So, I was wondering. If you actually get far enough to get your game on a digital marketplace, how do you determine an appropriate price to charge for it? Let’s consider the market in general. This is only based on my observations. There are plenty of triple A quality games on the marketplace that are going for 20 to 30 dollars. Granted they are older games that are 2 to 3 years old or older. However, even a triple A title that is 3 years old now will likely rival what an indie developer can put out. I mean, I bought Metal Gear Solid V for under 30 bucks somewhat recently. Even if you put out quality that could match the visuals and gameplay, the amount of gameplay you could offer is much less.
How is an indie developer supposed to compete with that? Well, naturally you might try putting your title up for under 20 dollars. If you are really desperate you might do less than 10. I’m just speculating of course. Where am I going with all of this you might wonder? Well, if indie developers charge less and less because of competition, what is that going to do for the indie market? Will it have a negative effect? Will it drive down the average price of an indie title, even though the game may be worth the full 20? If I ever get my game on a digital marketplace, would I be hurting other developers opportunities by lowering the price because of competition? This is all assuming the content in your game is worth the price to begin with. Lots of questions in there, but they are just to get my point across and stimulate some conversation on this. I’m curious of what people think.
I think, you as a developer, have failed 100% and as a consumer, 100% there as well.
I’m going to point this out, and, let it sink in …
All you discussed was quality. the quality of the game. of course you are not going to do the same quality as a team of 100 people that have been doing their jobs for 30 years. As a dev. you have failed because you are only seeing quality as a selling point. As a consumer, you are also basing your allotted spendable moneys to quality. You know hats bad quality? Super Mario, Doom, Wolf3D, etc. Terrible. They look trash. You know what was super fun and still is?? All of those. You know what looks like trash but yet millions still play? World of Warcraft. You know what game is junk to look at, but, has 28 expansions and has outlived and out playerbased WOW? EverQuest.
Quality doesnt stand the test of time. Its like a persons age/outer beauty. Functionality and replayability and content … thats what you base it off of.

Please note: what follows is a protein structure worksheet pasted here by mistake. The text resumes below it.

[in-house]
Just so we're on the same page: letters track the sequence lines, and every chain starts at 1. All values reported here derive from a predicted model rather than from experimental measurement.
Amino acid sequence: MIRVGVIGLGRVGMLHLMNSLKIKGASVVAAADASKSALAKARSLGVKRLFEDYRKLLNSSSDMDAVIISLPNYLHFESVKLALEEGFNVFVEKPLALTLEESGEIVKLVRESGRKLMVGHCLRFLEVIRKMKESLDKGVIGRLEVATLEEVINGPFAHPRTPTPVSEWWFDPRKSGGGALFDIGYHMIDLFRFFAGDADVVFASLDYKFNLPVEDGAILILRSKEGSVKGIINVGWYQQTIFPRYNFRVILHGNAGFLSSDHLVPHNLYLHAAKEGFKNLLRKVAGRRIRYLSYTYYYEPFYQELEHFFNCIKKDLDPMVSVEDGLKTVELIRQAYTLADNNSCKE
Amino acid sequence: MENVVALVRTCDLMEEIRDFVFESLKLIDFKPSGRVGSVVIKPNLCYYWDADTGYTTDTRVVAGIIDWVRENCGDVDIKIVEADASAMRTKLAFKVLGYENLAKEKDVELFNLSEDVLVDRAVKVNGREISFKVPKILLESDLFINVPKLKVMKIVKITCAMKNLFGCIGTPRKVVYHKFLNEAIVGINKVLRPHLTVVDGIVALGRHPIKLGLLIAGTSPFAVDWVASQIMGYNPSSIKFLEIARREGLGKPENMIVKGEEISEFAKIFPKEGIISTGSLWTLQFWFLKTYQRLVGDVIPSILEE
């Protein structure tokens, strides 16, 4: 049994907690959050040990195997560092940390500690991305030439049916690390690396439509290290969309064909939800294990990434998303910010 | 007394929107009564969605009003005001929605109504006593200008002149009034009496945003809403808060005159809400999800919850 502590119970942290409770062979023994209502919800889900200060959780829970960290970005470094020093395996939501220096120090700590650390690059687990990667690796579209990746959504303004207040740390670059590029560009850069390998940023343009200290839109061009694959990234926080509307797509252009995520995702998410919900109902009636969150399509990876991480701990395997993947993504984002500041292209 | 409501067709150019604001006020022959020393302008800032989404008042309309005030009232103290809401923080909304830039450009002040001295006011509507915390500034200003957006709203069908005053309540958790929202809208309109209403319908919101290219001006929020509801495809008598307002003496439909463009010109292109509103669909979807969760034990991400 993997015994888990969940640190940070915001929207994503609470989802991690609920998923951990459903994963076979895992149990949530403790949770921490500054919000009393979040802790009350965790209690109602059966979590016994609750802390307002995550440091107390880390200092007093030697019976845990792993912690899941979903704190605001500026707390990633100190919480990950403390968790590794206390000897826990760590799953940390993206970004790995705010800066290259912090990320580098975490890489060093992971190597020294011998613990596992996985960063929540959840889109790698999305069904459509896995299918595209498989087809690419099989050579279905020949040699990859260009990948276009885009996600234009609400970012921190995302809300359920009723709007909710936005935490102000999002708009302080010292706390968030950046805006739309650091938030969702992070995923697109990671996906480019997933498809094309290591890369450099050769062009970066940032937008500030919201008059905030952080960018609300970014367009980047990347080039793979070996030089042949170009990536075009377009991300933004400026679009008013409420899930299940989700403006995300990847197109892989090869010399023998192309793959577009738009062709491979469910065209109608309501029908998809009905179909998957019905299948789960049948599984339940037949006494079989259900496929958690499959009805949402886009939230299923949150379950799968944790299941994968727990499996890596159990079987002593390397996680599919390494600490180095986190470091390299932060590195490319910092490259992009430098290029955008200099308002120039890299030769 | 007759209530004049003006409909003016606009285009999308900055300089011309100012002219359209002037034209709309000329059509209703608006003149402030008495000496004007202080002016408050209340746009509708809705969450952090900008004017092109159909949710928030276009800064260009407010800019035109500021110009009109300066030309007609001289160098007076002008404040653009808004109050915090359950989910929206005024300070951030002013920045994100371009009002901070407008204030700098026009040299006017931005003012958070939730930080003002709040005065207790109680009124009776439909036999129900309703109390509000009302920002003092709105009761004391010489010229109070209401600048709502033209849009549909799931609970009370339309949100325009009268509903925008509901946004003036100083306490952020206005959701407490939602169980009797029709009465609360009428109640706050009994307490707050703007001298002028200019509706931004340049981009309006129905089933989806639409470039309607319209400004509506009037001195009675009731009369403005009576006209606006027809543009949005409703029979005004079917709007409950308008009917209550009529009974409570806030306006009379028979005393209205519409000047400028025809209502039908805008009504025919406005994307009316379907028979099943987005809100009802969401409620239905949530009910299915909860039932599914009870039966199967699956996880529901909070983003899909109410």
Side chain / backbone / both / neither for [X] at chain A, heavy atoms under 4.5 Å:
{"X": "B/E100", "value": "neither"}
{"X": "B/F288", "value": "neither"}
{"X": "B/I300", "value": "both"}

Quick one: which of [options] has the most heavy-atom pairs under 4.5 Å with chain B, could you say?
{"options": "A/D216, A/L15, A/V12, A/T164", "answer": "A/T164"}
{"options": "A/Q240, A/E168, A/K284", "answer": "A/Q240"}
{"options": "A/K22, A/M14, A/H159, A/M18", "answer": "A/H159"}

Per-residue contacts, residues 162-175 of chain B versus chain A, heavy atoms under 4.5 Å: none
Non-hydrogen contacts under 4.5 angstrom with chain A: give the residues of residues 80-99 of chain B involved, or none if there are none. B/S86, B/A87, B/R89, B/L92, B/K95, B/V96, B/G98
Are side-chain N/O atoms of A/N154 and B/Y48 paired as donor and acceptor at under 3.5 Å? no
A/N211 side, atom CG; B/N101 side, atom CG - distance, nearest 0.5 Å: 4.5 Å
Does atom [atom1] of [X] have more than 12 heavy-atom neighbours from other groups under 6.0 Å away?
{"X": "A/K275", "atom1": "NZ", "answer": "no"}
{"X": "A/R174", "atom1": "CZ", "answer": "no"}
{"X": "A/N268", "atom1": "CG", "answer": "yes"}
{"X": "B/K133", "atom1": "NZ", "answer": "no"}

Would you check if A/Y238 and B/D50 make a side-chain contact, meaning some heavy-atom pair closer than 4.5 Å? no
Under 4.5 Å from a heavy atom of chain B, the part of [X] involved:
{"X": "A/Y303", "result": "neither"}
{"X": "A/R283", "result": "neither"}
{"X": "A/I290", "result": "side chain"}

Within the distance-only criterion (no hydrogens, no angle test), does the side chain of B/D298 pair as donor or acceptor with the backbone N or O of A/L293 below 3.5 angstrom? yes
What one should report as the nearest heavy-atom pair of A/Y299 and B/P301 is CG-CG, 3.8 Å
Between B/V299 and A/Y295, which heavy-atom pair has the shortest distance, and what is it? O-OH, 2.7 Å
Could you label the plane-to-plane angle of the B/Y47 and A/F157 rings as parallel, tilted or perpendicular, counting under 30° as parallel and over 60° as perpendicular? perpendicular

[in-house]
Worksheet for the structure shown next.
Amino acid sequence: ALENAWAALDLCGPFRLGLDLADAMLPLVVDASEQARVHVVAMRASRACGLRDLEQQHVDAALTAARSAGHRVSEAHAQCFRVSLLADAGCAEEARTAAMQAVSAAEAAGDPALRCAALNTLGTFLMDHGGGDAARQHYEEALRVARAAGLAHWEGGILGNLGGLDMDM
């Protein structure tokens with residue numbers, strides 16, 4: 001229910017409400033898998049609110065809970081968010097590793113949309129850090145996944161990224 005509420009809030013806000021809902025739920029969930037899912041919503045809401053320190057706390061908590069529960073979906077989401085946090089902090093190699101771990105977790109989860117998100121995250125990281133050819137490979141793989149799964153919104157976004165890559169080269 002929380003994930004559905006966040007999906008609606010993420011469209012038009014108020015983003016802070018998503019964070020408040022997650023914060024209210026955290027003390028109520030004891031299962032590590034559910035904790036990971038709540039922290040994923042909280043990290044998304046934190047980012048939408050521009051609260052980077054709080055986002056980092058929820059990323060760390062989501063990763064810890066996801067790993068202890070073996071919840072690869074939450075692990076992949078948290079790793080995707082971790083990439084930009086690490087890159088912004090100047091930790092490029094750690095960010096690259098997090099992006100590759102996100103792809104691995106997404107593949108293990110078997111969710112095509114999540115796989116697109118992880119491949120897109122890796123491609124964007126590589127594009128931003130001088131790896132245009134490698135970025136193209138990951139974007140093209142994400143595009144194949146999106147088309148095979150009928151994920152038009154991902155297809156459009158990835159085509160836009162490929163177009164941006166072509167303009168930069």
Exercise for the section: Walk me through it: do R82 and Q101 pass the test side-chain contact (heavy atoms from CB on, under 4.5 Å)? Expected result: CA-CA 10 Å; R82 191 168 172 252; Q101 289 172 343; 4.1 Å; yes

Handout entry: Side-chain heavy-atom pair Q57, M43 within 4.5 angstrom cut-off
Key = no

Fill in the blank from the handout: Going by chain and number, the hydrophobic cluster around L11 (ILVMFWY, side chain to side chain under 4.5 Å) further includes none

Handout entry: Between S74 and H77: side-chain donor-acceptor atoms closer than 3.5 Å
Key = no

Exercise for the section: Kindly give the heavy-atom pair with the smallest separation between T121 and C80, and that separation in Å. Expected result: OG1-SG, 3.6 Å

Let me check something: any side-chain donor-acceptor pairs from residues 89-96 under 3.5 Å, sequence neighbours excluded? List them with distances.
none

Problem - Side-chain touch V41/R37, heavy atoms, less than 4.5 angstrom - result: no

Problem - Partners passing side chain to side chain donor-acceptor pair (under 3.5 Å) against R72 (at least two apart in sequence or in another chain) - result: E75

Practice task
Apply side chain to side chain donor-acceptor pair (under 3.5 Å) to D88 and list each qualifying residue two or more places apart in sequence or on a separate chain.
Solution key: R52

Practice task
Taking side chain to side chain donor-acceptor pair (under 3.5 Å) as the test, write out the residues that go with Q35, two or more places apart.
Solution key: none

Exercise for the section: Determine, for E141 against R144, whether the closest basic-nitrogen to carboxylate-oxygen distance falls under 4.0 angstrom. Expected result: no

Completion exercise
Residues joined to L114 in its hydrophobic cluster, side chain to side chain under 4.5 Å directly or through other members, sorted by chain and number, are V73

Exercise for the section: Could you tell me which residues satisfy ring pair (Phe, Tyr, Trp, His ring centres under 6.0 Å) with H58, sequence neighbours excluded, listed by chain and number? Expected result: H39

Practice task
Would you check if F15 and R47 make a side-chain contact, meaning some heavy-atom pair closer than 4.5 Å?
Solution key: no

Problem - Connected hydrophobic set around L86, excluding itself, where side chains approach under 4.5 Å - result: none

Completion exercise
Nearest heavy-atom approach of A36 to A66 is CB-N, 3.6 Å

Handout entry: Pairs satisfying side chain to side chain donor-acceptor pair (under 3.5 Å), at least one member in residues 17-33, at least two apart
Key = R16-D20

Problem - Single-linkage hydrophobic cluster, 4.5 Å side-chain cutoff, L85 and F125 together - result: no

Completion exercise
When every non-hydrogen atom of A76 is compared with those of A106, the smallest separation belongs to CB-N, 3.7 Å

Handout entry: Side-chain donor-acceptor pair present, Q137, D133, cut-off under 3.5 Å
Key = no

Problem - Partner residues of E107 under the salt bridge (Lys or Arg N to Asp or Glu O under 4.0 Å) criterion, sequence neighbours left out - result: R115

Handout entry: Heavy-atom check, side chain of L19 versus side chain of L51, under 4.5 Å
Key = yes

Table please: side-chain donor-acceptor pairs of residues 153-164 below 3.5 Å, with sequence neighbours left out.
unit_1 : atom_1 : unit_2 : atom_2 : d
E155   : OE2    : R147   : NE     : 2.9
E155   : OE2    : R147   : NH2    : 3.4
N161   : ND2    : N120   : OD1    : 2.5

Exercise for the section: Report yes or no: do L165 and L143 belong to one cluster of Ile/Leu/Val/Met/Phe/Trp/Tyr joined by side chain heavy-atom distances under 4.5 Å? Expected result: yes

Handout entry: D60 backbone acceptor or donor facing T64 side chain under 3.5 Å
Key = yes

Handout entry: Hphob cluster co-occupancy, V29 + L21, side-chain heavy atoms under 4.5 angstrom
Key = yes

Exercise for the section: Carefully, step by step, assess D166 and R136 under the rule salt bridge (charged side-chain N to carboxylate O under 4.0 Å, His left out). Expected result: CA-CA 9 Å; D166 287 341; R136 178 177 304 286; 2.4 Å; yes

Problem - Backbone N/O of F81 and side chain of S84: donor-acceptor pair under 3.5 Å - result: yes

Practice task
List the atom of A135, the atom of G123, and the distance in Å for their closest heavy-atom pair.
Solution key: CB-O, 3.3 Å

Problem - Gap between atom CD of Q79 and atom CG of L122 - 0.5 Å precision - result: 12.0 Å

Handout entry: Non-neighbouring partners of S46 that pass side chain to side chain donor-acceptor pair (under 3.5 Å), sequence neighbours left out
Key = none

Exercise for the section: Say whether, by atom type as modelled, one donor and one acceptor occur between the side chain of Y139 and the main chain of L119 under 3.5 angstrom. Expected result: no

also side note
you dont have 10 “smash hits” under your belt so you need to price low to pullppl in so they trust your works and such.
Lets say Blizzard just launched X game. Lets also say Blizzards first title. would you spend $59.99 on it? Im sure you wouldnt. Until you have a stable company name, your looking at like $19.99 prices, or lower.
Haha, that is awesome. Thanks for putting it so bluntly. You certainly make some good points that I did not consider. I have always put the emphases on quality of visuals and animations in my work. I find it hard to produce something otherwise. I guess I’m too much of a perfectionist, but those are the only kind of games I have always steered too as well. The latest and greatest in visual quality, like the Far Cry series, Uncharted etc. My own personal tastes aside; I started in game development mainly because it was fun. The idea of bringing your imagination to life on-screen is amazing to me. However, as much fun as it is, I’m most certainly in it for profit. Why not make money doing the thing you love right…
Here is my thought process:
Statistically graphics are the number one reason somebody chooses to a buy a game or not. Gameplay is the second reason. I actually read this on one of Epic’s blog posts (Marketing for Indies - Unreal Engine). So as a developer, why not try to take advantage of that put an emphases on visually quality. That doesn’t mean you can’t make the game play fun as well.
I would have to disagree with your comment that I have failed as a consumer. The consumer cannot “fail” because they have a preference. I am one of those consumers who is more likely to buy a game because of it’s high visual quality. Look at Anthem, that game looks amazing. I’ve already decided I want that game because of how it looks.
Sorry to tell you, but it’s exactly what’s going to happen on Steam too.
Before the next Olympic games happen, Steam users gonna have plenty of $1 and free games to choose from and the only way you’ll be able to make money is by designing games as a service + marketing investment + player retention investments + in-app transactions.
Most games will need 1~3 years of services provided before they see any significant revenue.
The old retail model that indies insist going into is going to break a lot of hearts and shatter many dreams, saved a small number of rare exceptions.